without any payment being made, we have revised the LHA guidance so that it is consistent with this position.”

  It is also worth noting that if this had been a weekly tenancy, seven weeks and two days would constitute eight weeks of arrears.
  The guidance also states that LHA can be paid directly to a landlord for a minimum of eight weeks whilst a local authority gathers
  evidence to make a decision about direct payments to the landlord. The bottom line is still that sufficient evidence is needed before
  a local authority will start paying LHA directly to a landlord. Landlords must keep accurate rent records.           30 Dale Road Plymouth PL4 6PD         01752 510913
                            Landlord liability for water charges
  Anna Walker, Chief Executive of the Healthcare Commission, has been leading an
  independent review into charging and metering for water and sewerage services.
  Research showed that 34% of bad debts is owed by rental tenants of which a
  significant proportion is debt accrued by tenants who leave a property without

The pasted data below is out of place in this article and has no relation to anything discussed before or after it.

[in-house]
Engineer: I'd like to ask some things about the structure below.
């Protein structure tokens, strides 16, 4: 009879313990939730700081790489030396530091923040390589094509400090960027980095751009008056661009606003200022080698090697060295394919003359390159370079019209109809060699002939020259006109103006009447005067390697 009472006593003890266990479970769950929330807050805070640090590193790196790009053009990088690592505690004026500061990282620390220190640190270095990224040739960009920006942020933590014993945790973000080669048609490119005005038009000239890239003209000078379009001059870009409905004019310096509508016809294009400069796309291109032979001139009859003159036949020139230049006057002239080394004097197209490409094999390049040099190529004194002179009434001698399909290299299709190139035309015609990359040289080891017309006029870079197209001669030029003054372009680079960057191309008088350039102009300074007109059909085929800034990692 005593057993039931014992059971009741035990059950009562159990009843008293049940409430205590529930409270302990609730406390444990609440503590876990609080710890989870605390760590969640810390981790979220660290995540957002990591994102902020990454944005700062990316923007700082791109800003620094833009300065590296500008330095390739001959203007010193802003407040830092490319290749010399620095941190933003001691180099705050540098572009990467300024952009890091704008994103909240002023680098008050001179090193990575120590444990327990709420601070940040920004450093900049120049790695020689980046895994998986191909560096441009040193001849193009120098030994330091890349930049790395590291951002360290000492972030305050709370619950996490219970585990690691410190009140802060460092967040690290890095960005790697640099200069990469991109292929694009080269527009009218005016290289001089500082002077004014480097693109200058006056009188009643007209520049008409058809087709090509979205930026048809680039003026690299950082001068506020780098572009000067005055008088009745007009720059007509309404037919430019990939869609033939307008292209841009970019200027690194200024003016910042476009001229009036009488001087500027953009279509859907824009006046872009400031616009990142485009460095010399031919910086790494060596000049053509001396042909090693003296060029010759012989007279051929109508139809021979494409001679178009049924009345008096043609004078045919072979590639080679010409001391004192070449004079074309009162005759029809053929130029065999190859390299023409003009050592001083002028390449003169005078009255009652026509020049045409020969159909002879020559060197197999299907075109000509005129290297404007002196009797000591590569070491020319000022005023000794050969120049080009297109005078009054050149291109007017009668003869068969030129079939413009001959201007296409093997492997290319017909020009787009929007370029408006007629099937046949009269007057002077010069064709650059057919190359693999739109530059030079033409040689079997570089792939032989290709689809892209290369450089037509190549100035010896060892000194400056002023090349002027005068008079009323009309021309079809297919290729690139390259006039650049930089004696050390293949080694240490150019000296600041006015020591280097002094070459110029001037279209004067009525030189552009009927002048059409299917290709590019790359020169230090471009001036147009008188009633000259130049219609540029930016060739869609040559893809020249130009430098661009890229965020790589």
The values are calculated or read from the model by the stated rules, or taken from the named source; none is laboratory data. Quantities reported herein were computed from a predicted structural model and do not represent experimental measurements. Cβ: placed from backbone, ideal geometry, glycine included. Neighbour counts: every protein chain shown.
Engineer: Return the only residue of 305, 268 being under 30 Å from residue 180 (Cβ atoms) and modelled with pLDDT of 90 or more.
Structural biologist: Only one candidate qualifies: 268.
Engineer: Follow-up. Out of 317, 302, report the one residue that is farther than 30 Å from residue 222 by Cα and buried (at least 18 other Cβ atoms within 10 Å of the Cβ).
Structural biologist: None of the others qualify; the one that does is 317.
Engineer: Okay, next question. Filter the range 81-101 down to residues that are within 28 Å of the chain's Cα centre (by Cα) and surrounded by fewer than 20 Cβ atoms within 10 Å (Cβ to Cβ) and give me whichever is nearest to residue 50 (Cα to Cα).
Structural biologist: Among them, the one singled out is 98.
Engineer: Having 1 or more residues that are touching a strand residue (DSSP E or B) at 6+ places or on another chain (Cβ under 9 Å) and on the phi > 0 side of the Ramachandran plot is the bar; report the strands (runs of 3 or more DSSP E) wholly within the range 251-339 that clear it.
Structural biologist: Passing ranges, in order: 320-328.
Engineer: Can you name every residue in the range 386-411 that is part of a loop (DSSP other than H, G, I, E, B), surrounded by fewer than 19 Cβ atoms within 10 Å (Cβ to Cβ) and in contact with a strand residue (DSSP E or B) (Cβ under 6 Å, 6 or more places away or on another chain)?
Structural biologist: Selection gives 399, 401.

receiving or paying their bills.
  The Review was published in December 2009, and recommends that private landlords
  or property managers should set out clearly in their tenancy agreements whether the
  landlord or tenant is liable for the water bill. Water companies should be provided
  with correct tenancy information to bill the liable person before they leave the
  property and pursue that person through the courts if necessary. Landlords’ liabilities
  for water consumption will therefore be discharged if the water company is aware of
  a named tenant. This would then be in line with similar responsibilities for other
  The Review recommends that the Water Industry Act 1881 should be amended to
  reflect the following principles:
  If there is a tenancy agreement in place, it should be the person specified by the
  tenancy agreement who would be liable for water bills.
  Landlords should ensure that within 21 days of the tenant moving into a property the
  following tenancy information is provided to the water company:
  • the tenant’s full name
  • the tenant’s date of birth
  • the tenant’s contact details (telephone and email where they have one)
  • if possible, the tenant’s National Insurance number
  • tenancy start date
  • tenancy end date